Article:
Most Americans, not just investors, are transfixed by the drama of online amateurs ganging up on hedge fund professionals. The short squeeze on GME (which now appears to be collapsing) has attracted every conceivable metaphor: Main Street v Wall Street, David v Goliath, Millennials v Boomers, Populists v Elites, nihilistic Deplorables v privileged Incumbents--or, per this op-ed, “GameStop is Rage Against the Financial Machine” (Bloomberg)
NH: So much has been written about Robinhood, GME, and wallstreetbets that I'll try to keep this short and stick to the really big points. Btw, in case you're way behind in the news, the NYT offers this really neat reading guide. So let's plunge right in.
The GME stunt is one more sign that America is getting swept up in a serious market bubble. The evidence is everywhere. The NASDAQ100 is up more than 2X in two years. Bitcoin is up 2X over its prior peak in just three years. IPOs like DASH and SNOW are popping. Blank-check SPACs endorsed by celebrities like Shaq are selling out. New issues are surging. Robinhood is now raising new equity. Thanks to Robinhood, AMC is doing likewise. Tomorrow, who knows, it may be GME... attracting eager new investors with dazzling dreams of resurrected deadmalls.
Behind it all stands Janet (at Treasury) and Jerome (at the Fed). Janet will do everything she can to turn on a Niagara of "aggregate demand" once a massive new stimulus package is rushed through Congress. And Saint Jerome has promised to keep real rates steeply negative for the indefinite future and press the buy button in case equities go down again. Only one thing will kick away these hydraulic market lifters. That is rapidly rising inflation expectations. We're not there yet.
Lesson? Don't try a big short on an "overpriced" name under these conditions. Everything today is overpriced, and the more overpriced it is, the better it's doing. High beta, high debt, high short interest, high spread--you name it, but the riskier (or junkier) it is, the higher it's flying right now relative to the rest of the market.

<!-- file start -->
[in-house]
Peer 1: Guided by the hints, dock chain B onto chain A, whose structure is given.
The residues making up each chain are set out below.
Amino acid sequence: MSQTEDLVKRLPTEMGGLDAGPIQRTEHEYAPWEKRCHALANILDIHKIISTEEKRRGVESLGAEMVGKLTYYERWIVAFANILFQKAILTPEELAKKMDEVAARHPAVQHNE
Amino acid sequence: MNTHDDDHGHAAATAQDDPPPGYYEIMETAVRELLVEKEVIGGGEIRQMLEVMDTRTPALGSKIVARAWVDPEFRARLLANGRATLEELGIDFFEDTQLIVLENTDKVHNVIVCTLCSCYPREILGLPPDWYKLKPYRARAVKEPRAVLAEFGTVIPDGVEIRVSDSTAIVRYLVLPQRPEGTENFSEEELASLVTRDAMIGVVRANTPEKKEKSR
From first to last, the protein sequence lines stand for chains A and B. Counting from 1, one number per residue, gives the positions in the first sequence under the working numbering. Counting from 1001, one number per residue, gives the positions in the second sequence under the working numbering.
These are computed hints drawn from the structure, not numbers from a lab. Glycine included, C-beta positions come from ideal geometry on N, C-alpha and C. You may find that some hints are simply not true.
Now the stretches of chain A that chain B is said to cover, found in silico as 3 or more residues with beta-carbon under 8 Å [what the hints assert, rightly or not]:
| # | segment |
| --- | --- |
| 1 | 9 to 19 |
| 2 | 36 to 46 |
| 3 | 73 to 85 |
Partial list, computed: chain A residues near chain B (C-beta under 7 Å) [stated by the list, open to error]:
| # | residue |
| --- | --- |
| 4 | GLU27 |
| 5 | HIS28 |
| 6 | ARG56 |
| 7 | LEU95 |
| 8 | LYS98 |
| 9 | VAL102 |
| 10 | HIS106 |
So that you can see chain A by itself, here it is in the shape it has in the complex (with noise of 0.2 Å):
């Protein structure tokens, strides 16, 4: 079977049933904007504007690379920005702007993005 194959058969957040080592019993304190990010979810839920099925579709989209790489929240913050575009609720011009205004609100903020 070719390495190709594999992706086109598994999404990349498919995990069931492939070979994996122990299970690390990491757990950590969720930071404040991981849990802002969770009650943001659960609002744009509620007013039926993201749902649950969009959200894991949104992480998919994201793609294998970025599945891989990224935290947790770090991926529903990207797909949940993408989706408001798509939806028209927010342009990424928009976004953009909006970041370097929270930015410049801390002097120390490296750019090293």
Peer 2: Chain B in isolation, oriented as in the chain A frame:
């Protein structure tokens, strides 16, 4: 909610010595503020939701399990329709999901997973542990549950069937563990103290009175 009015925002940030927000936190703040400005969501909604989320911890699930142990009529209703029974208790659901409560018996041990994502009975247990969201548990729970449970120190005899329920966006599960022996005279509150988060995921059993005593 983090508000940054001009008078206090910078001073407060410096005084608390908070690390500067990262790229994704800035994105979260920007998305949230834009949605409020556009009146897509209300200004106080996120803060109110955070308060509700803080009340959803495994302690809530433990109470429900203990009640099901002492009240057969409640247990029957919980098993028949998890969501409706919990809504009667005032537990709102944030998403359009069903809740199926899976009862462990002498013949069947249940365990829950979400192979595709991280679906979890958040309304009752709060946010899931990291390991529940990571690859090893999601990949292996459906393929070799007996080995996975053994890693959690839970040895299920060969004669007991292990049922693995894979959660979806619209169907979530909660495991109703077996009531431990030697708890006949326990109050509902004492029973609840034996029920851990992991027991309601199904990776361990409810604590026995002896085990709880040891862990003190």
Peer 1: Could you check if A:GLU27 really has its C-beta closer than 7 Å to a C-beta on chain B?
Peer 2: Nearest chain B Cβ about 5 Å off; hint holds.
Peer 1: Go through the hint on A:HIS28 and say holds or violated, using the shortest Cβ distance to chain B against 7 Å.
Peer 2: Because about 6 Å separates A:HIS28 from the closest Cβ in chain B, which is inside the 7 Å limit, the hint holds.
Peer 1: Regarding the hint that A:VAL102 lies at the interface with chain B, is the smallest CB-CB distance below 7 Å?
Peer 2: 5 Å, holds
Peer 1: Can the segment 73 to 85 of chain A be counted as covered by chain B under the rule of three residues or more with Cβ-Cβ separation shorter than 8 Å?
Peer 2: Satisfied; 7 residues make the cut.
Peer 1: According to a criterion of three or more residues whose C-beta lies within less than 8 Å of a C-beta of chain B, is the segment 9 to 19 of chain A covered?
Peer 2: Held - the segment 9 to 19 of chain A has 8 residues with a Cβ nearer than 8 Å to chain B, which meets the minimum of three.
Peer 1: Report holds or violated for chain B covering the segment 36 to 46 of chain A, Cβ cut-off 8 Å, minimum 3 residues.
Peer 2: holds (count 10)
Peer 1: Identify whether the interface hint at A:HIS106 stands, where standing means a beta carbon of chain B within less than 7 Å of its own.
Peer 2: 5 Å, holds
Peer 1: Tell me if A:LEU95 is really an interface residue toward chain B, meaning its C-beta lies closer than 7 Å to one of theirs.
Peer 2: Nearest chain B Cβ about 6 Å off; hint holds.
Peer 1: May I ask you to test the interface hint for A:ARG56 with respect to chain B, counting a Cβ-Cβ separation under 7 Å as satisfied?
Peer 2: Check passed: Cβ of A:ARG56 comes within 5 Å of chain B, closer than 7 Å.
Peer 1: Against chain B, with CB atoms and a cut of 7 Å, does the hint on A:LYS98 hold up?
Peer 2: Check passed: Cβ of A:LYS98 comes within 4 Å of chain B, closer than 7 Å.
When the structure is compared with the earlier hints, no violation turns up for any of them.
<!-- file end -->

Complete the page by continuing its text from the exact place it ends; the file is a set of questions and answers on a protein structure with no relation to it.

Keith has been all over this on the Macro Show. Yes, a ticker may go down--as GME now is--but in this sort of market (to paraphrase Keynes) irrationality need not be tied to any definition of solvency.
Populism is ready to smash down the door on Wall Street. The pressure outside the door has been building up for quite a while--and now there's hardly anyone pushing the other way. From AOC and Senator Elizabeth Warren on the left to Senator Ted Cruz and Donald Trump, Jr., on the right, everyone is assailing "the financial elites." Die-hard Trumper Senator Josh Hawley says Robinhood has proven that "the fix is in" on Wall Street. Even Elon Musk, who vies with Jeff Bezos for world's-richest-man title and who has plenty of reason to hate short-sellers, is congratulating the Reddit "gamestonkers!"
Action by Congress, the SEC, the Justice Department, and state AG's is ready to break through on several fronts, not just in regulating financial markets, but in antitrust, consumer protection, tax policy, and criminal prosecutions.
The public is ready. The rising rich-poor gap, the over-financialization of the U.S. economy, everything "we didn't do but should've done" after the GFC--it will all suddenly be on the table. What political force is now standing in the way? A shattered Republican Party trying desperately to be more-populist-than-thou? I don't think so.
When will the rules get rewritten? Not now, when prices are up and the mood is buoyant. For the time being, it's all just talk. Wait until the bubble is over, markets are way down, the Fed has run out of miracles, and the voters' mood, as interpreted by their faithful representatives, turns surly and vindictive. We may even see a repeat of the "Pecora hearings" by the Senate Committee on Banking and Currency, or so it was called back in the spring of 1932. That was when lead counsel Ferdinand Pecora famously grilled Wall Street tycoons on what the hell happened during the Roaring Twenties.
The hearings resulted in nothing less than the entire institutional firmament that advisors and brokers still have to study for their Series 7 or Series 65 exams: the Securities Exchange Act and Glass-Steagall Act of 1932 and the launching of the SEC itself in 1933.
Triumph of ordinary people? Not hardly. A popular meme out there is that the ability of retail investors to push a few hedgies to the wall after massing online represents a triumph for "ordinary people" and will end up democratizing the choices and perks and privileges of big financial firms.